People were concerned about the availability of merchandise for an Inaugural race, and were lining up outside the Events Center by 1:00, and probably before. We didn't go until about 3:20, at which point there was still a long line to get in. The line was because they were checking that everyone had their waiver, race voucher, and ID. It turned out that we needed two waivers - one for each race, and had only printed one, but there were boxes of blanks readily available. There was an area available to print out race vouchers for those who arrived without them.
While we were waiting we chatted with a lovely young French woman behind us (who spoke excellent English). She and her father were running their first Disney race, the 5K, and they were very excited. They were from the local area, and have annual passes to the parks. We tried to give them some idea of what to expect - but of course we didn't know how much it would be like the races here.
Once we got inside there was a huge line. I assumed it was for merchandise and got in it, but it was for the Castle to Chateau wristband! Computer issues. Eventually we figured out what line we were in, and that we didn't need to do that right then.
Though the lines weren't long, picking up the half marathon bibs took a long time. There was a laptop computer at each pickup counter for the volunteers to scan the bar code on the bib, but the computers were having problems. We also got the gear check bag there with a copy of the program and a cereal bar, but had to go elsewhere to pick up our shirts. We are used to getting our challenge wristbands when we get the bib, but that was not the case here - that was the huge line.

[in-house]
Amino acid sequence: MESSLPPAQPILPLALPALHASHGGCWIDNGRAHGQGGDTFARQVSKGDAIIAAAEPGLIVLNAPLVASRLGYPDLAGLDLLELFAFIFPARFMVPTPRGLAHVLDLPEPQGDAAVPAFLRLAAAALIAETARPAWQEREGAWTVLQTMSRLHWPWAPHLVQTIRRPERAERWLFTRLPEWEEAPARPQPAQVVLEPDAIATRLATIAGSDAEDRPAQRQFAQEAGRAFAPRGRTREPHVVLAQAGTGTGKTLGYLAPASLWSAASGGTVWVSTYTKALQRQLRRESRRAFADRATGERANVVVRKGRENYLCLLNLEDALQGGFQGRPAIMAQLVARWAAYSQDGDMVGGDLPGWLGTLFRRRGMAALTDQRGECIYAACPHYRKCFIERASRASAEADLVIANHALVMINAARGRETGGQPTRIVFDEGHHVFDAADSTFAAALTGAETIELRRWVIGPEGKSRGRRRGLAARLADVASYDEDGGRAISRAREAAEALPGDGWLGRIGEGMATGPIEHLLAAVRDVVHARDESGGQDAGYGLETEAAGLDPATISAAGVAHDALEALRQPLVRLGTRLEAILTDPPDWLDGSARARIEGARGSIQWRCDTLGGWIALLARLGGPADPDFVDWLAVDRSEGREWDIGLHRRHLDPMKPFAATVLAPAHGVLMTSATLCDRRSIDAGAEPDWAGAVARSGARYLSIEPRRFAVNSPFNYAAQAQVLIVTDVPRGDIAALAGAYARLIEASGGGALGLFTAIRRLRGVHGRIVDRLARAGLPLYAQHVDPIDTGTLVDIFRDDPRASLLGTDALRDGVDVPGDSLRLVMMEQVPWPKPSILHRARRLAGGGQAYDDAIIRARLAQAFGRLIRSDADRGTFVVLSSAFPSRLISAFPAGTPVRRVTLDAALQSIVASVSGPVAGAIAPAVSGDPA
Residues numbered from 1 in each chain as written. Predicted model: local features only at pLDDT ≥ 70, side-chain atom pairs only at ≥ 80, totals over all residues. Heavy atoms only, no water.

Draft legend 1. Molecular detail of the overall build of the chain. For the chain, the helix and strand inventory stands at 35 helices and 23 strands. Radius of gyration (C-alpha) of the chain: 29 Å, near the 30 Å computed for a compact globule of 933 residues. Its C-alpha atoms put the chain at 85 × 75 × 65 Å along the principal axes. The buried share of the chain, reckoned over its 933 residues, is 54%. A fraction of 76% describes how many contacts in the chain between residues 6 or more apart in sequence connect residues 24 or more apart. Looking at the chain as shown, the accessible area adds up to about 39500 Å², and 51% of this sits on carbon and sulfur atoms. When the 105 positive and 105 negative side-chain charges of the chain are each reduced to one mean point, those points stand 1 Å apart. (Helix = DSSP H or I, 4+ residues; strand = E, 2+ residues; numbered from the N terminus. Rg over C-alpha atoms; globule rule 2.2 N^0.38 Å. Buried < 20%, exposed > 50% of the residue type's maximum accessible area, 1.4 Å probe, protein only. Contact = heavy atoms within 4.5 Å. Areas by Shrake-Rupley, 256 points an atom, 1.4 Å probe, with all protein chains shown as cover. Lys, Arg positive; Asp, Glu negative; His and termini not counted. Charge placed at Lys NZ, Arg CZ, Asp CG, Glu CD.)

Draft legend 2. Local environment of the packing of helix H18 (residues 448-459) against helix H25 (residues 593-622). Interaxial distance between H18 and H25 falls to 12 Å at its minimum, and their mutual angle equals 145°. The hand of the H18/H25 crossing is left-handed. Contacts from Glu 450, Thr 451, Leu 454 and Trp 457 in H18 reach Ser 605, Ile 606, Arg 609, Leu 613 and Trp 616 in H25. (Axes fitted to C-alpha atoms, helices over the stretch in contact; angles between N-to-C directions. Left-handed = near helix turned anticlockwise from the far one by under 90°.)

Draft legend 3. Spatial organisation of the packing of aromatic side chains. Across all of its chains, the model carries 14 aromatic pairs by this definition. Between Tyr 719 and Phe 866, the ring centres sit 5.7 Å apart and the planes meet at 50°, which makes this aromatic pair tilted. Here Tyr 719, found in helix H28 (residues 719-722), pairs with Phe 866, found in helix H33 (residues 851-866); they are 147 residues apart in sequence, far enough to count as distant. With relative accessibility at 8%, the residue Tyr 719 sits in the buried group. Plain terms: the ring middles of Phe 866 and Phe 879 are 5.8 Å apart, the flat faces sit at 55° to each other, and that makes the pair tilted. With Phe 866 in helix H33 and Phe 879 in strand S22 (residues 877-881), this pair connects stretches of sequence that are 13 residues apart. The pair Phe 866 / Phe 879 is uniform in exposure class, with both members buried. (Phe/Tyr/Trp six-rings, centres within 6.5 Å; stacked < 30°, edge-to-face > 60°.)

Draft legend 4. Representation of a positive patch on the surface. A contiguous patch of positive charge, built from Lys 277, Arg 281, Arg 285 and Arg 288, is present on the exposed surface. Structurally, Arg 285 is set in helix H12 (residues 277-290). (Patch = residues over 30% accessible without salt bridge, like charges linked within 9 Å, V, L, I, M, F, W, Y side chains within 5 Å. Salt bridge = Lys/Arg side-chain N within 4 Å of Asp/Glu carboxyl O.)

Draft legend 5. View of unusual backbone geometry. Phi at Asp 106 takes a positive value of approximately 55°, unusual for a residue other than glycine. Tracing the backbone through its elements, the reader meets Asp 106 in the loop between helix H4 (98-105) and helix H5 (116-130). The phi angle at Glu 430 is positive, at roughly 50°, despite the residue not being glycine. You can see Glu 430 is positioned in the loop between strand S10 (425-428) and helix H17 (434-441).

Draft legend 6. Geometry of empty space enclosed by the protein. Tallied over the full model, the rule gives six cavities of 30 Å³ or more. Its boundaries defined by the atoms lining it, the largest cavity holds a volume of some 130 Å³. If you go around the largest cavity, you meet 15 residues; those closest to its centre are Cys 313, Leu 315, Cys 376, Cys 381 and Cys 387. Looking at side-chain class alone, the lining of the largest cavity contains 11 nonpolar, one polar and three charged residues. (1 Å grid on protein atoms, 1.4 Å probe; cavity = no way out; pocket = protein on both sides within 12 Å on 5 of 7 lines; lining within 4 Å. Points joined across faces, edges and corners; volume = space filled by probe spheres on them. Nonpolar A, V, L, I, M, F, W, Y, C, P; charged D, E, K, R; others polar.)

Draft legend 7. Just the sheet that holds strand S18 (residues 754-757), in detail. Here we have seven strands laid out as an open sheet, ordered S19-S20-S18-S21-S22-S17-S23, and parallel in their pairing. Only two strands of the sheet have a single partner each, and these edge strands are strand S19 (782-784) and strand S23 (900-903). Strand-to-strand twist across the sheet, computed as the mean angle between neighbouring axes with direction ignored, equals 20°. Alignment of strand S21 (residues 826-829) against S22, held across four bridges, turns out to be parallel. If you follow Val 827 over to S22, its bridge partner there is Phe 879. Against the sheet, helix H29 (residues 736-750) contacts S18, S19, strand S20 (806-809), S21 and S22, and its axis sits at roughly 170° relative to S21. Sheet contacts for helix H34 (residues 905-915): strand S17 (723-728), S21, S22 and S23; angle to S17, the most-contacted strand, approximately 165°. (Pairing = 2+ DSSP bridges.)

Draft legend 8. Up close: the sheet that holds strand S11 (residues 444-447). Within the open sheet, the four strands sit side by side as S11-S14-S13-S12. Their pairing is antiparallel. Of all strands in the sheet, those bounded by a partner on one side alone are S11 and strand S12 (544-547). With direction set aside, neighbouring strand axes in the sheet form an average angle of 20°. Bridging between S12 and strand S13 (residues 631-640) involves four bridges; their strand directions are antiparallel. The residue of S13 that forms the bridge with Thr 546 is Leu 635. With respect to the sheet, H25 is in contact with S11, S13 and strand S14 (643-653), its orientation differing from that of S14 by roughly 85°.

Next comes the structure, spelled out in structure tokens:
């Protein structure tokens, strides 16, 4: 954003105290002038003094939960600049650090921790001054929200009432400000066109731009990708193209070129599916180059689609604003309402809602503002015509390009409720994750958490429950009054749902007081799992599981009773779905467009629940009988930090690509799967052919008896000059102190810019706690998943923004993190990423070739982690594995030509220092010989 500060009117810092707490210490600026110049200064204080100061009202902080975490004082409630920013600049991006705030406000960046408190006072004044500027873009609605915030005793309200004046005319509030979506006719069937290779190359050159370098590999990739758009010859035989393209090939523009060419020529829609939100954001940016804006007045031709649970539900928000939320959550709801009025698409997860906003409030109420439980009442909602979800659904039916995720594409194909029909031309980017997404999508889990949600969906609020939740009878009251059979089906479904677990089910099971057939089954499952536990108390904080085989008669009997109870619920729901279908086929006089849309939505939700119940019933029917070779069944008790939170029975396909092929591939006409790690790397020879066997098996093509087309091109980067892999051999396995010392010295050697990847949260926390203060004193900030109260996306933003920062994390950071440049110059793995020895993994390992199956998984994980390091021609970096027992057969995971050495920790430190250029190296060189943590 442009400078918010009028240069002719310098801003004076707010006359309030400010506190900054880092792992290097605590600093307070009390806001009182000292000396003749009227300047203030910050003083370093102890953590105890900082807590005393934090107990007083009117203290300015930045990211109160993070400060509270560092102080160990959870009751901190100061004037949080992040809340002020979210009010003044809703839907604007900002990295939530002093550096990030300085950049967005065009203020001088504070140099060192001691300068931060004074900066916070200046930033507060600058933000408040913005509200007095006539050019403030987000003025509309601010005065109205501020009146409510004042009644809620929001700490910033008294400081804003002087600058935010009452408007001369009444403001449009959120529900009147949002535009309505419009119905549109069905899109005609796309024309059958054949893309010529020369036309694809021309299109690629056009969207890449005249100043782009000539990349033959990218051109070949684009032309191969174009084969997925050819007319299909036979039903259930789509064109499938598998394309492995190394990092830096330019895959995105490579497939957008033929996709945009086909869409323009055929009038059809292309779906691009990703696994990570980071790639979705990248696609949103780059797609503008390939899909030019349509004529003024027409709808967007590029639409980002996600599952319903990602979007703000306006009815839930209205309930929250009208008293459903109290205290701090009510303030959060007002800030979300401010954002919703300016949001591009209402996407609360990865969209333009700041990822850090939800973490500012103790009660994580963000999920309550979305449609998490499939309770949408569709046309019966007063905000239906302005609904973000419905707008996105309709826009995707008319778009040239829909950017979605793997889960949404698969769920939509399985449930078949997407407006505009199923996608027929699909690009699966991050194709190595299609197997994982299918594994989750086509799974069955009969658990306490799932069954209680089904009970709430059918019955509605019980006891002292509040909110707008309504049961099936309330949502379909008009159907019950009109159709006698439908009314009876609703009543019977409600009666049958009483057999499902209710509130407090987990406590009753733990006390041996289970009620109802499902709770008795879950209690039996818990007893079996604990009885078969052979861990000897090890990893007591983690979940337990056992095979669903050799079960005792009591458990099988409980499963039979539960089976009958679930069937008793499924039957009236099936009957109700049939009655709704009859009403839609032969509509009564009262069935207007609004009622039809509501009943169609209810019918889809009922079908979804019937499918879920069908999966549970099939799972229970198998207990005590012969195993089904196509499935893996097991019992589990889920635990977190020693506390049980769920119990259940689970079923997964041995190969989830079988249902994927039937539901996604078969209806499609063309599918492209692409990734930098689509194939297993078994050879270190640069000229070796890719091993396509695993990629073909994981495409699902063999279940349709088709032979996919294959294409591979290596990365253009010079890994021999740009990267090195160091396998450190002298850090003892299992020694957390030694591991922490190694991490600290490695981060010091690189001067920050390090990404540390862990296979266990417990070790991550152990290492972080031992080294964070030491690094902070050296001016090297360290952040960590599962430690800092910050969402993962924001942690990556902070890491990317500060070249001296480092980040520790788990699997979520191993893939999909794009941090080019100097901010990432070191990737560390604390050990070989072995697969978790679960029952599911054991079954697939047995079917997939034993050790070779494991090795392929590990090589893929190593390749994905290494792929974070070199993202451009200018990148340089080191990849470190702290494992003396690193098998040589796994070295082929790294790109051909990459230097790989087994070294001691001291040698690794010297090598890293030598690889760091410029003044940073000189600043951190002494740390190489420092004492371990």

After we picked up the bib we had to move to a photo location to have our photo taken with our half marathon bib - we assumed that was for PhotoPass identification since they scanned the bib after taking our photo.
We picked up our 5K bibs and went into the merchandise area. There was no line to get in at that time. There was a line to pay, but there were lots of registers and it moved steadily.
There really wasn't much merchandise available. "I Did It" shirts for the 5K and half, which were cotton, and men's and women's gray tech shirts with a half marathon logo.
There was a hat, mug, and a few Remy-themed items. No magnets, wine glasses, or a lot of other popular items. There was surprisingly no Castle to Chateau shirt, but we received a flyer with info on ordering them from the Disney Store web site. It loses the immediacy that way, but at least we'll still be able to get them.